We were out early again this morning, to see Daitoku-in, a complex of independent Zen monasteries. Arriving well before official opening time, we were nevertheless able to walk into the complex. It’s a virtual sea of peaked roofs, some of the monasteries here date to the 14th and 15th centuries.
Our first stop was a famous stone garden, this one representing waves battering islands, which remain unmoved. It made me think of the spiritual, “No storm can shake my inmost calm, when to the Lord I’m clinging…” The wave look high, battering the land but the rock islands are unmoved.
The abbot appeared as we came in and sat with us on the steps of the garden, having an animated conversation with Hank, which he translated for Marc and I. Advice for us: The breath matters, sit up straight so that the oxygen can really get in. That and good breathing makes you beautiful.
I found the garden both more striking than the iconic garden at Ryoanji we saw yesterday, that least quiet of Zen gardens, and more still. Perhaps it’s the contrast between the flash frozen stones and the soft moss in which the stones are set that enhances the sense of stillness.
We looked at another old tea house. Outside this one were three stones perched on another, tied with ropes. The stones are placed on the stepping stones leading up to the tea house entrance when it is occupied, to discretely signal that the tea house is in use and other visitors should stay away.
We saw several other stone gardens of various sorts, perhaps the most Zen of them all is this one, set into the floor of the cloister, rather than outside the abbot’s quarters as most of the rest were placed. It was hard to photograph, and hard to imagine where you might sit to meditate in front of it. but I liked it very much. All these cloister spaces were still and silent, no hordes of teenagers trooping through. Despite their stony nature, these small enclosed landscapes seemed aglow with life.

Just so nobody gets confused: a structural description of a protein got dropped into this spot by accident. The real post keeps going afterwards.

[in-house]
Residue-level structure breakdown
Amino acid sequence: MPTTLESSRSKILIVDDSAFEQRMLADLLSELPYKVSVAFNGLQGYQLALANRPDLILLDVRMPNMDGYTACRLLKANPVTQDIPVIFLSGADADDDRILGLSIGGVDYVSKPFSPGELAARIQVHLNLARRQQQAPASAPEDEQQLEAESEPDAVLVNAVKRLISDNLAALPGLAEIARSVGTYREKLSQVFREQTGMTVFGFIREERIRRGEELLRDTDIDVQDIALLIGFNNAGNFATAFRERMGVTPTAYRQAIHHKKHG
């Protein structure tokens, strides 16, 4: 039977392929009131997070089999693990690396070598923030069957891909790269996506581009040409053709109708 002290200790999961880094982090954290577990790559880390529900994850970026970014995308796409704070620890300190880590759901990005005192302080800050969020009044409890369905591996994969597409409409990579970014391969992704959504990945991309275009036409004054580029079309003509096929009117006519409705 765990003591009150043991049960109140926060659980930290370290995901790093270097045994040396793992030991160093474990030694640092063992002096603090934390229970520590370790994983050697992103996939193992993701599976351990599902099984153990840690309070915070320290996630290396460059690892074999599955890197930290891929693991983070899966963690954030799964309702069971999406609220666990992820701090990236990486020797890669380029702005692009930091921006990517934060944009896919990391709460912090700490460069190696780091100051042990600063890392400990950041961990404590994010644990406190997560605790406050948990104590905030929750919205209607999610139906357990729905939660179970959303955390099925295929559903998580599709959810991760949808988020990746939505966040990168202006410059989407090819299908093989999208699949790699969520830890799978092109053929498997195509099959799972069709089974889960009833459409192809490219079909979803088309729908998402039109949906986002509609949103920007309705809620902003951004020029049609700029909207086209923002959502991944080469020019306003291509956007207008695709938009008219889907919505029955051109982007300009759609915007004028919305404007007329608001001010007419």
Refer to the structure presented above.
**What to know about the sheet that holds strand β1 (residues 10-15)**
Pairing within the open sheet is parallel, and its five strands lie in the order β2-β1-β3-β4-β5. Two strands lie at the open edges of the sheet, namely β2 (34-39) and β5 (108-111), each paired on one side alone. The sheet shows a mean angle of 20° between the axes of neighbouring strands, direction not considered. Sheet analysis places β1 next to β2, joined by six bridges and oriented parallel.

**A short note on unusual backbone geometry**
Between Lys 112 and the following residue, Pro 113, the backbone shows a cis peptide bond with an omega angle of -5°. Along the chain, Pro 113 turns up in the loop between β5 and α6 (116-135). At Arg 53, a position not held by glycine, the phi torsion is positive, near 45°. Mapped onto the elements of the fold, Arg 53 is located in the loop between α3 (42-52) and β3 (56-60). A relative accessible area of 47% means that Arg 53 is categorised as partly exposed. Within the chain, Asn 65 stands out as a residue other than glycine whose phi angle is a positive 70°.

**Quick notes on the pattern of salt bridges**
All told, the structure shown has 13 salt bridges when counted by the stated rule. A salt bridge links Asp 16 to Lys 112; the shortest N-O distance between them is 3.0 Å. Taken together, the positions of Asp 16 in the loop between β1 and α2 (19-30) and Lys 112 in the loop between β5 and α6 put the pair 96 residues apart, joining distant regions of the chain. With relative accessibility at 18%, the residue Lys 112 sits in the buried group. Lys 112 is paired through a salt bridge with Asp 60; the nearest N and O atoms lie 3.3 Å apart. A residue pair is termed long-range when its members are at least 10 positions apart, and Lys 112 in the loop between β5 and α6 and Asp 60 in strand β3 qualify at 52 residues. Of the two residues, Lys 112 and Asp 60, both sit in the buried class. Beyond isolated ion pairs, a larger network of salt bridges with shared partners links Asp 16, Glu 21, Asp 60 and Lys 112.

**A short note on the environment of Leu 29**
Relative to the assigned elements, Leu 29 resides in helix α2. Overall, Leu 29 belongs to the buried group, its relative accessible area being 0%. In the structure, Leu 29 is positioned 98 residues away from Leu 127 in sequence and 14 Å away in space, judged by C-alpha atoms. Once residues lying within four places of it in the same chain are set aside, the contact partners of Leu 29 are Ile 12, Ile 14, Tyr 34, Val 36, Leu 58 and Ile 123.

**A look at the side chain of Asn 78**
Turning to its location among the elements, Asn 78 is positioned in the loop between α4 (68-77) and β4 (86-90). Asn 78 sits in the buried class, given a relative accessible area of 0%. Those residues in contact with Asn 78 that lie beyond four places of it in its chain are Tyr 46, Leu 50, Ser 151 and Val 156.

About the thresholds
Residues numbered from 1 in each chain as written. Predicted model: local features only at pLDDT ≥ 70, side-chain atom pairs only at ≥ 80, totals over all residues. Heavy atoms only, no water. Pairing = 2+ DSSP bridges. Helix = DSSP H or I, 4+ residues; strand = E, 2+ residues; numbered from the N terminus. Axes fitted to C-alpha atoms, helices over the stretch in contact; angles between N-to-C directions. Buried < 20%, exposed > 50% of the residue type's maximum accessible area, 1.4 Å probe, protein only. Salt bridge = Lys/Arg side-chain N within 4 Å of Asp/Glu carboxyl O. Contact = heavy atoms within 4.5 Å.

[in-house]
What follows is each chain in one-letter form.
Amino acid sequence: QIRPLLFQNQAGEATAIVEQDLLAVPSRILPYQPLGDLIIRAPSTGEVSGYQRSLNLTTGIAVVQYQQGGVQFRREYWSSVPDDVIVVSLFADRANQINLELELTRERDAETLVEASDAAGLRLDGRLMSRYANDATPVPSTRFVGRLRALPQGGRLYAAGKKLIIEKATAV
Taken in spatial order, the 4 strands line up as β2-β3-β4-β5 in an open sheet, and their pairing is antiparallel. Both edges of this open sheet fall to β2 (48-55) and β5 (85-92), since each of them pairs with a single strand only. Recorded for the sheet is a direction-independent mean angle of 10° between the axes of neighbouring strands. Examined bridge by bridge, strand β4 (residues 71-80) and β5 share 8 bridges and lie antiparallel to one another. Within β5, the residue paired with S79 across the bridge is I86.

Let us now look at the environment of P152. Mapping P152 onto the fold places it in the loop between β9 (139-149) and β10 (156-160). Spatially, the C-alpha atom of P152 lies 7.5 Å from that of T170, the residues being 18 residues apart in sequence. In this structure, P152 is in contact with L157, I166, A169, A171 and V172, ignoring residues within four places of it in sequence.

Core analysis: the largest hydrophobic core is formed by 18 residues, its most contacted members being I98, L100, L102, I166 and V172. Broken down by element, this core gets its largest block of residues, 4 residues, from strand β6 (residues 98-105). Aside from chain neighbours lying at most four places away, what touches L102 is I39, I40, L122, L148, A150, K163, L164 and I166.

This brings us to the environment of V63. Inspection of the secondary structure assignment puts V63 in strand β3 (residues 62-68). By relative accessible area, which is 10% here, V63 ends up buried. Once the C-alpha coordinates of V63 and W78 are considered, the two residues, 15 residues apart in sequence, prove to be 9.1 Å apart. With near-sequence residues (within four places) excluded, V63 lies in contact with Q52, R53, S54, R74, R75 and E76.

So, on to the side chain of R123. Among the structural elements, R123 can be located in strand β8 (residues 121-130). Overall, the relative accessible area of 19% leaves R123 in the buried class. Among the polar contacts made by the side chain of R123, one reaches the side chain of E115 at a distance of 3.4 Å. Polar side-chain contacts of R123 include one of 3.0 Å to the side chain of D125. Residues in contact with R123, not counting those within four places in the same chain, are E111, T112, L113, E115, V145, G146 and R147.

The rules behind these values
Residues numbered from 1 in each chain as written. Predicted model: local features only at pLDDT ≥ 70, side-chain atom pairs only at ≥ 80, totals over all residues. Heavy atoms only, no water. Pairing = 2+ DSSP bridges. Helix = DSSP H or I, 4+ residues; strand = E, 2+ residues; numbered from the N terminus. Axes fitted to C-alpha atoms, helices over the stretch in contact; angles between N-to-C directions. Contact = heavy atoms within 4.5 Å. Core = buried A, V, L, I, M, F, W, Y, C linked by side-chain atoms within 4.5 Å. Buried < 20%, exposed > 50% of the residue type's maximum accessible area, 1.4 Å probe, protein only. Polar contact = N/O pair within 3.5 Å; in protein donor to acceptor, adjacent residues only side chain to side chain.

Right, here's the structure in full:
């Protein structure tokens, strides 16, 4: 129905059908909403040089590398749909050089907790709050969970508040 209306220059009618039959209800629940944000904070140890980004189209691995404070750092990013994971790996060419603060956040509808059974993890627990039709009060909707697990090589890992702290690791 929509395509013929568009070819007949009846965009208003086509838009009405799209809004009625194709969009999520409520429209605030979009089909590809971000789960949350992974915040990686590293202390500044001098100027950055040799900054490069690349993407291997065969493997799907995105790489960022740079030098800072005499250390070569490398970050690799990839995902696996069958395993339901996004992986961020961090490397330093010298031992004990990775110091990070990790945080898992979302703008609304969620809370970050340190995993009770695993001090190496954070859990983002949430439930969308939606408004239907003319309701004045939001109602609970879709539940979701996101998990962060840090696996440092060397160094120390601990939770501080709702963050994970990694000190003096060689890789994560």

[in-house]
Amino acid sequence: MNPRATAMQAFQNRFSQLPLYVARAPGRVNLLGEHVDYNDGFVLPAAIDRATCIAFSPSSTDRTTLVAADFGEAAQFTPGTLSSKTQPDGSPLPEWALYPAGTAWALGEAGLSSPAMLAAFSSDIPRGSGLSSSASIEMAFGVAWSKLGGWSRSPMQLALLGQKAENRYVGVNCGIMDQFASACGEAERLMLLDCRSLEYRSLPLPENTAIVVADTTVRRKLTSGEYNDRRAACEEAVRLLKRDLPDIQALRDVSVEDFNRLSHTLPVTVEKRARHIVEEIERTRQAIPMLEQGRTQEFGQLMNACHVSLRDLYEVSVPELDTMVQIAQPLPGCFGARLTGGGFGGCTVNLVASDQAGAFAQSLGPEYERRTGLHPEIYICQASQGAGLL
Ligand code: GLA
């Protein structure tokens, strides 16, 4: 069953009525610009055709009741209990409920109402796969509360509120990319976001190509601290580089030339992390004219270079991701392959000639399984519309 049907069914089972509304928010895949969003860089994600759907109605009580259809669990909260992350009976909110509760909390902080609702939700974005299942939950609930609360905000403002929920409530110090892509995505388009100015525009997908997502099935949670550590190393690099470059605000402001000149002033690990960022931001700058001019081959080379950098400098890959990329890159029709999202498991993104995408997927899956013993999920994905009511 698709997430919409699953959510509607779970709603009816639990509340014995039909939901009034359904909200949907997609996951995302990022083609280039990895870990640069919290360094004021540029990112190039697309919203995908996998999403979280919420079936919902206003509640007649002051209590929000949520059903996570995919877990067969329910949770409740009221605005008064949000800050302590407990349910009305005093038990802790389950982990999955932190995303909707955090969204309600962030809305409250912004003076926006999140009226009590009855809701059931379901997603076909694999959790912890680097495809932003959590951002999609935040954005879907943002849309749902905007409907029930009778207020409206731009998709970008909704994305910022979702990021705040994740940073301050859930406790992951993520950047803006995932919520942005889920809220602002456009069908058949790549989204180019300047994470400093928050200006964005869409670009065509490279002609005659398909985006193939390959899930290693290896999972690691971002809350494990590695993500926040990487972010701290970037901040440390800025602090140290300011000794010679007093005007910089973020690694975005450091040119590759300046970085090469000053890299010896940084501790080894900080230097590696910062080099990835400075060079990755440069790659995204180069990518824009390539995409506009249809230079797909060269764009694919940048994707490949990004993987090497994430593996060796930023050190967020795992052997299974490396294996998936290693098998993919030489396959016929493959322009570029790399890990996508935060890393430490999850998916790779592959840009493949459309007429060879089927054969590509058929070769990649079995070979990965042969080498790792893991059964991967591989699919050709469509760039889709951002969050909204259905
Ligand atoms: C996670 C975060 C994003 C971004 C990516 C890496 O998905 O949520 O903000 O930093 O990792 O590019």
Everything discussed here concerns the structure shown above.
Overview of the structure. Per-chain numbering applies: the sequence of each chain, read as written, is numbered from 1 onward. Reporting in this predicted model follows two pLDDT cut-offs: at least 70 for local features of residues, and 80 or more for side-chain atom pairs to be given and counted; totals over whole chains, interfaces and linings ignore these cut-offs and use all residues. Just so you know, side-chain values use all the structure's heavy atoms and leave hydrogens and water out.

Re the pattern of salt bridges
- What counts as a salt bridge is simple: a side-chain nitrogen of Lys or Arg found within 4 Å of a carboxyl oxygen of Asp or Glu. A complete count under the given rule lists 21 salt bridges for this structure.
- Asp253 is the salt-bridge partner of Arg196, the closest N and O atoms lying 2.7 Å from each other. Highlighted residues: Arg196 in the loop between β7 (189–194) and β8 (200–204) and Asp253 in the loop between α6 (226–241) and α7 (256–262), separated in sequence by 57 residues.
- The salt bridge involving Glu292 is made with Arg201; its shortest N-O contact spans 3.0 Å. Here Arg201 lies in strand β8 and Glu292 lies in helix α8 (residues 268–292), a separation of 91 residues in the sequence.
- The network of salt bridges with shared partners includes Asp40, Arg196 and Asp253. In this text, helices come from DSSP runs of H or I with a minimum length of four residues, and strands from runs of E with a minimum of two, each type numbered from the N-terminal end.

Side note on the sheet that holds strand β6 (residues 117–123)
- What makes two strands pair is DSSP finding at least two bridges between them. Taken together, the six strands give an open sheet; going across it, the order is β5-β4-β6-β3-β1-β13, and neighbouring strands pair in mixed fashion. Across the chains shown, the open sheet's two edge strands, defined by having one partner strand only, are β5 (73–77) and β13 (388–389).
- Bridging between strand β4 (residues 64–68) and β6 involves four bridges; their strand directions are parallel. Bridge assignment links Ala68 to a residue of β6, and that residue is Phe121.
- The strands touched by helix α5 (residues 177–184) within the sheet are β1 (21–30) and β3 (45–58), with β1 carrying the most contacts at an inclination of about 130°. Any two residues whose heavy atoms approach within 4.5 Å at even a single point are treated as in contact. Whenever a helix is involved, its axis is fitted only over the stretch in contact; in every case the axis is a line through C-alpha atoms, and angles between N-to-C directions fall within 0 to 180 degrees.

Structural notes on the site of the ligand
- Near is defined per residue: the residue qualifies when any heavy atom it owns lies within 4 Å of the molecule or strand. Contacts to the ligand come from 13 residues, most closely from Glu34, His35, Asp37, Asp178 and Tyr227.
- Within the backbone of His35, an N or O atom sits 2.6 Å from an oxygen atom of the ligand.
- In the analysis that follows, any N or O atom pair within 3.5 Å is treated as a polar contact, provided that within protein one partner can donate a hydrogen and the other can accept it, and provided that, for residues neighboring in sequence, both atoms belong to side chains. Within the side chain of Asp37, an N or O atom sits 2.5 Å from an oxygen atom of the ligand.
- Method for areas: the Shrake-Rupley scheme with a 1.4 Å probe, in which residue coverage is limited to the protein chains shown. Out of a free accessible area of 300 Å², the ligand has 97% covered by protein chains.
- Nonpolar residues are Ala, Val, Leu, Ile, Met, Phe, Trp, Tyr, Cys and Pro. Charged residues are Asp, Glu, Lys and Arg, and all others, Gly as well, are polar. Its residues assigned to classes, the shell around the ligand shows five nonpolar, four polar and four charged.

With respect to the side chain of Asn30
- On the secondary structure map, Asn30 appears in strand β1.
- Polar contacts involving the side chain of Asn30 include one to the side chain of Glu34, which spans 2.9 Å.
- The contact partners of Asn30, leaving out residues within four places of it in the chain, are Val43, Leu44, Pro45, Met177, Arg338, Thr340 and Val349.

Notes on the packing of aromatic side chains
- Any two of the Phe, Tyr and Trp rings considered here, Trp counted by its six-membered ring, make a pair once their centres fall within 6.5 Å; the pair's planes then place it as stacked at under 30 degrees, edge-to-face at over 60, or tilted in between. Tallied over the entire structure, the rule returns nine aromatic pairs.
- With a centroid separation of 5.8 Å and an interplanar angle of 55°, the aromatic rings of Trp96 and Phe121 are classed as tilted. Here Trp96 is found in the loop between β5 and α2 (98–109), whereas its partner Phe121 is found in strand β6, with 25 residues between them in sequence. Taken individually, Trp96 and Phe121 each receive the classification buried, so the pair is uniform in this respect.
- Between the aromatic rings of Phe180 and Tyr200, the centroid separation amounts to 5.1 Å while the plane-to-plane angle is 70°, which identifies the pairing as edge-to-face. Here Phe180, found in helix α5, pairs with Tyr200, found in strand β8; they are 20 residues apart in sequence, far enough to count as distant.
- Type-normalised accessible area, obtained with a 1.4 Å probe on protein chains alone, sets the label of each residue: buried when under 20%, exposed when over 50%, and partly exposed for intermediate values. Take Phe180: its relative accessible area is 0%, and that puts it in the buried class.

For the next two nights we are staying at a temple on Mount Koya, arrived at by train, then cable car. It reminds me very much of Wernersville in many ways, though less silent. We had to sign in by 5 pm, gates close by around 8. Our room has a lovely view out onto one of the temple gardens. I’m on the third floor (where I often stay at Wernersville). There are reminder of meal times in your rooms and not to leave your valuables in your rooms, since these do not lock. These rooms do have a TV (!) and wi-fi (!!). And there are Japanese style baths.
I sat on the veranda outside our room for my evening meditation. The air was cool, it felt like water on my face, the rain fell on the pond below, and the sound of the cistern overflowing was like a litany.